There are doubts based on the belief that Article 49 of Additional Protocol I to Geneva Conventions is not being taken into account and the focus is placed wrongly on the consequences instead of posing the question of whether or not the act is violent by nature as in Article 49. An effective methodology would try to promote the humanitarian principle that aim at less violent acts in favour of more violent ones, while the Brown’s proposed one does not differentiate clearly (Walker, 2009).
As to the provided example, the juxtaposition of armed attack and DoS cyber attack would be considered improbable to sustain the result-oriented approach. Although users are deprived from access in this instance, there is no kinetic equivalent of act bearing violent consequences (Walker, 2009). Hence, here comes the logic question: Does a mere denying of computer services would legally warrant recourse to a full-fledged armed attack in self-defence (Article 51 UN Charter)? Using another example, would it be feasible for Estonia after being attacked by a massive DDoS to attack Russia (if the act is positively attributed to their government) with tanks, missiles, or nuclear weapon (if they had one)? Given the customary international law tenets of proportionality and necessity, a negative reply is almost always certain.
‘Violent consequences’ terminology in jus in bello
In order to dig deeper into the consequence-based approach, one must also look at the other foundational branch in the international law which regulates conflicts. Jus in bello or the Law of Armed Conflict may shed some light on the versatile character of the word ‘consequences’.
Provision of interest:
The article to be referred to is again 49 (1) of Additional Protocol I, which provides a short explanation on the term “attacks”, equalizing it with the expression “acts of violence”. To discriminate between cyber attacks that cause mere nuisance or harassment and those that bring forth “human suffering”, Schmitt uses the following articulation:
““Attacks” is a term of prescriptive shorthand intended to address specific consequences. It is clear that what the relevant provisions hope to accomplish is shielding protected individuals from injury or death and protected objects from damage or destruction. To the extent that the term “violence” is explicative, it must be considered in the sense of violent consequences rather than violent acts.” (Schmitt, 2002, p. 377)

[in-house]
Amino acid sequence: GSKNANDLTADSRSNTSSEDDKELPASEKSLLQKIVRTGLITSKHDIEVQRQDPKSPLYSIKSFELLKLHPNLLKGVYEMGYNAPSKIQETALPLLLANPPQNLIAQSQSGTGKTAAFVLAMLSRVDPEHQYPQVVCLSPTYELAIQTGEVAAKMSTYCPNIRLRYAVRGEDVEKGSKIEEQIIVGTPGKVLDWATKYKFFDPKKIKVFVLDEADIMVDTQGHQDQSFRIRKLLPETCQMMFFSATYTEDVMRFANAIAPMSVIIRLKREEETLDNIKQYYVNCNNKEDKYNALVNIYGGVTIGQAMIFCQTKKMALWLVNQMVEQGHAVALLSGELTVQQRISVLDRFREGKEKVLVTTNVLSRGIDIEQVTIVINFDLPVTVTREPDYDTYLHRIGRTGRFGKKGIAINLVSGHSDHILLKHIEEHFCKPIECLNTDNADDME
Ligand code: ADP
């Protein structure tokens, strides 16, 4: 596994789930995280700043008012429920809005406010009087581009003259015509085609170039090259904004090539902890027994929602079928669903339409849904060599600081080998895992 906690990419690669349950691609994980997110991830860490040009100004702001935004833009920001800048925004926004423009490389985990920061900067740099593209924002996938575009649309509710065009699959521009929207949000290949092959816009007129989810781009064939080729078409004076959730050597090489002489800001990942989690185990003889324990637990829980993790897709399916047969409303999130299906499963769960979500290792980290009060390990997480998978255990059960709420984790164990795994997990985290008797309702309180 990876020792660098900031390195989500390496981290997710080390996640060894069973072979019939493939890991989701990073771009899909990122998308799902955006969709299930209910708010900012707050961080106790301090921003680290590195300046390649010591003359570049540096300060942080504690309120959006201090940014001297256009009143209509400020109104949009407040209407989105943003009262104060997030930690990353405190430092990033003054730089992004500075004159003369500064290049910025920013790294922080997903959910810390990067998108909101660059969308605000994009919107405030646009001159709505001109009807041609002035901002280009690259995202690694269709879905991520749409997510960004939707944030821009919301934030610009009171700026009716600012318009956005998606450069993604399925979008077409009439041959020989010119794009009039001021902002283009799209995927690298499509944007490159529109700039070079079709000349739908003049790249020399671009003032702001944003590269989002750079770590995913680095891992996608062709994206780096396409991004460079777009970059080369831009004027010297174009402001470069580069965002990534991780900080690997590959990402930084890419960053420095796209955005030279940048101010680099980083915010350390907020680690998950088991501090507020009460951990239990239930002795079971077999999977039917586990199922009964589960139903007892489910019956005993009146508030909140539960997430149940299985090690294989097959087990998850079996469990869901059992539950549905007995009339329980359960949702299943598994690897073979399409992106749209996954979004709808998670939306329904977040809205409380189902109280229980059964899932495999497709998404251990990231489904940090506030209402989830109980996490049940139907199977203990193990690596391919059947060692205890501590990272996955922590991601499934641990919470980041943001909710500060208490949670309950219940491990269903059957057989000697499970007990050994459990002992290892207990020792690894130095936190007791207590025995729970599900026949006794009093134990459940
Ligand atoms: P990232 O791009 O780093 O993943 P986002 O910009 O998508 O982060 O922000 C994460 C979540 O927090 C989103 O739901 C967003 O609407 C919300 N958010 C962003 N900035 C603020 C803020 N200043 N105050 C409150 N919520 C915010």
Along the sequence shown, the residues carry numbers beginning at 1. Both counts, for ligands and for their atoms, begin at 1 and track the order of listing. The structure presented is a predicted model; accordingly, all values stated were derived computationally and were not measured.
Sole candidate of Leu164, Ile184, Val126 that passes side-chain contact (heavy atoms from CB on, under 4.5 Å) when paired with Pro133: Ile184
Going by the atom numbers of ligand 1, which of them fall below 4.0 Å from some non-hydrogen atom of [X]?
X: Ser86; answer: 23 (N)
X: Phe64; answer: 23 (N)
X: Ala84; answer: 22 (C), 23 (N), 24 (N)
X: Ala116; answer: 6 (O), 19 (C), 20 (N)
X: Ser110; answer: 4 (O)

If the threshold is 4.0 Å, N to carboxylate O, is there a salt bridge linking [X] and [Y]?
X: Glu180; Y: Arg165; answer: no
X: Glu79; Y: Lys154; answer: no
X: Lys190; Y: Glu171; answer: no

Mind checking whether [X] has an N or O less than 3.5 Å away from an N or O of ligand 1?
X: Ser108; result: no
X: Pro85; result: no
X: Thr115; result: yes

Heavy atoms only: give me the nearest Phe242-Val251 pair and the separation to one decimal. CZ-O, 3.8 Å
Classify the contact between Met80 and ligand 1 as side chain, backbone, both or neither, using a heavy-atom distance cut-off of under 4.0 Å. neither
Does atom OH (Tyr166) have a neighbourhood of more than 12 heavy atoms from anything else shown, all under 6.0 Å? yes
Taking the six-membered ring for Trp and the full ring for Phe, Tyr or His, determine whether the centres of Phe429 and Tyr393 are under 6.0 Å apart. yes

Hence, these “acts of violence” apparently do not necessitate the usage of kinetic violence, as far as the resulting aftermath is equipollent to that associated with kinetic physical violence, namely, death or injury of individuals or physical destruction or damage of objects (Melzer, 2011). As a result of this analysis, there can be concluded that under the consequence-based approach cyber attacks may fulfil the prescriptive requirements of Article 49(1) in the presence of three cumulative preconditions:
The consequences are not entailed by isolated, sporadic incidents
The consequences are desired and predictable to some extent
The consequences are intended to cause death/ injury or destruction/damage (i.e. violent consequences) (Kodar, 2012)
Inherent violence or violent nature argument
According to one theorist, “an act must be also one of inherent violence. Unlike pressing of a gun trigger, the outwardly innocent typing on an ordinary keyboard
(a usual first step of IOA [cyber attack])
is not associated with inherent violence (Adler, 2011, p.3).“
She admits that these non-violent acts (typing on an ordinary keyboard) can “lead to all sort of violent outcomes” (Adler, 2011, p.3), but at the same time they cannot raise to an ‘armed attack’.
This type of discourse, however, is rather contentious. Firstly, why we should limit our perspective of inherent violence to the design of the weapon of choice? Why the ‘trigger’ should have, so to say, more inherent violence than the ‘button’? (See the images below) In the end, as children, we all played with toy guns having triggers that do not cause ‘inherent violence‘.
Secondly, in the light of the DDoS attacks against Estonia infrastructure in 2007 and the Stuxnet worm hit Iranian nuclear plant in 2010, the treatment above seems a bit groundless. In the first case, there was a death of civilian, and even though indirect, it is related to the cyber onslaught brought on the country, whereas in the second one, parts of the centrifuges in the nuclear factory at Natanz were destroyed.
The ‘Grey Zone’ in the consequence-based methodology
“Grey Zone Consequences”
The ‘Grey Zone’ as concerns consequence-based approach refers to cyber operations which do not directly inflict violent consequences associated with a classic armed attack. In the article about the instrument-based approach, we discussed that the prohibition of ‘force’ does not cover the political pressure or economic coercion. Examined below are some activities conducted periodically in the cyber realm which theoretically fall short of force, thus belonging to this equivocal category.
Cyber Attacks in the Grey Zone:
Attacks with Delayed Effects